It's time to stick up for journalism.
Collective bargaining for some public employees lives again in Wisconsin thanks to a Monday ruling by Dane County Circuit Court Judge Juan Colas.
Judge Colas, who struck down portions of Act 10 last year, ruled that Walker and his appointees on the Wisconsin Employment Relations Commission (WERC) are in contempt of court for continuing to enforce Act 10 against municipal and school district unions across the state.
"We were pleased to see that the commissioners were finally taken to task for enforcing an unconstitutional law," Christina Brey, spokesperson for the Wisconsin Education Association Council, told The Progressive. "All along they've been thumbing their nose at the court's ruling and today's ruling that they were in contempt of court was a wake-up call for the commission, that they are not above the law."
"We're telling our members to continue watching it and go ahead as they have been, just to be sure they continue to organize in their local schools," she added. "This is what we teach our students every day. There is a system of checks and balances. This is basic civics and it cannot be ignored."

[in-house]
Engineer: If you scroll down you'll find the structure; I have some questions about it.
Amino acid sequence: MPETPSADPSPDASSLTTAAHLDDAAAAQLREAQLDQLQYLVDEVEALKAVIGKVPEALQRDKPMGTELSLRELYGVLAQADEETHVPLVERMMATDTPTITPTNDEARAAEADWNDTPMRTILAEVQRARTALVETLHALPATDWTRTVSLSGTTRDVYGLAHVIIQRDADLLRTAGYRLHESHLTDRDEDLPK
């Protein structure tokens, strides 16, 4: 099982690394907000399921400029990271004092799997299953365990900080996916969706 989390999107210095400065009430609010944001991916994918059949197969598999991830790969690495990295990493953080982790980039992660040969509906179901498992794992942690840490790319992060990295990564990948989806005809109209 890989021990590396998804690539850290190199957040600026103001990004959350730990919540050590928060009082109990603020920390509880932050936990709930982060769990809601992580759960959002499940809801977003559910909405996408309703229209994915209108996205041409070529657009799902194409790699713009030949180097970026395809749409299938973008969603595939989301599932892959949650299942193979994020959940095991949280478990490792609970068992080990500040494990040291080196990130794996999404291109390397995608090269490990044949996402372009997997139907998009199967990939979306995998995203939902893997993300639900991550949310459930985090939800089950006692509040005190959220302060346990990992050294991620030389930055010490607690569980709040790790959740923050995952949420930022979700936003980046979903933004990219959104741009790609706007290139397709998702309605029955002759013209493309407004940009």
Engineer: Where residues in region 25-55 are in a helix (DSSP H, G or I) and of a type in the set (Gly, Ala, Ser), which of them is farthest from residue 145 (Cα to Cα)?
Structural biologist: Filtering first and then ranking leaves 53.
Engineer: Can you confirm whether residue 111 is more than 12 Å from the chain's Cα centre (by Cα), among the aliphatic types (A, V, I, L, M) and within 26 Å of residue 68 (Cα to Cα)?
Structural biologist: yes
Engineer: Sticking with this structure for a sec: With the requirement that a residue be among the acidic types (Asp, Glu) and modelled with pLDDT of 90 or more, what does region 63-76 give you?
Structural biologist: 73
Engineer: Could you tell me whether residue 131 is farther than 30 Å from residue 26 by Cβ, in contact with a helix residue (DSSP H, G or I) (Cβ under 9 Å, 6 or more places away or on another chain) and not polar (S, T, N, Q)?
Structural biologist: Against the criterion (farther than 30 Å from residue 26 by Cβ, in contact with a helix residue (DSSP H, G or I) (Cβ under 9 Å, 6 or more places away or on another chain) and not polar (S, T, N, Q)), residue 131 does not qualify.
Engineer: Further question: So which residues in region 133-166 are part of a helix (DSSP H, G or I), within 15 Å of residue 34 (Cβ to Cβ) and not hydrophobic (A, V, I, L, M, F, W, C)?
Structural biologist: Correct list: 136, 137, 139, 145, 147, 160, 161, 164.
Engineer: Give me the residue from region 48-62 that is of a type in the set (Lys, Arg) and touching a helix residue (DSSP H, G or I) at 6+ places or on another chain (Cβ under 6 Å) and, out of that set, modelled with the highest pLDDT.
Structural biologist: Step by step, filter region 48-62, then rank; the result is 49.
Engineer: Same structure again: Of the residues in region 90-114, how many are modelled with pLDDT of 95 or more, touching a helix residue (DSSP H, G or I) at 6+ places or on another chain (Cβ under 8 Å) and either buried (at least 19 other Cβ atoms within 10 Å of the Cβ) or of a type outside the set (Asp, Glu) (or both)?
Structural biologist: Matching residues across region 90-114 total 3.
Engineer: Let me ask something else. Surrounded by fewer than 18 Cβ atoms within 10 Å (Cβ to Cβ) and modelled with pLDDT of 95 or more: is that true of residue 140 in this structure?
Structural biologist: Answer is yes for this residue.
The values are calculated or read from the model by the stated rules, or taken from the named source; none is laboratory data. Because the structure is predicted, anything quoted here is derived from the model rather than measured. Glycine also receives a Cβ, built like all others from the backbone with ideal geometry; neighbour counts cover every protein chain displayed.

The WERC argued that Colas' ruling in 2012 only applied to the two unions that brought the original complaint, instead of all the public employee unions statewide. Colas disagreed on Monday and issued an injunction barring the WERC from holding union re-certification elections, which it planned to carry out on November 1.
"I think the contempt is nothing more than an attempt to elude the application of a judgment of the court that the commission knew full well applied," Colas told The Wisconsin State Journal. In his ruling, Judge Colas left no wiggle room for the state, insisting that Act 10 may not be enforced "against anyone," according to The Journal Sentinel.
"The commission is going to comply with the judge's ruling, but we'll be seeking review of that ruling by the Wisconsin Supreme Court," WERC's chief legal counsel Peter G. Davis told The Progressive. As for the ruling of contempt, Davis said simply: "That's a judgement that the state supreme court is going to have to make."
The ruling spares over 400 Wisconsin school district and municipal worker unions from re-certification elections and restores their power to bargain on behalf of members. State workers remain unaffected, and the next stop for the case is the Wisconsin Supreme Court, which is expected to take up oral arguments on Act 10 starting November 11.
Photo: Flickr user Richard Hurd, creative commons licensed.
Updated with additional context.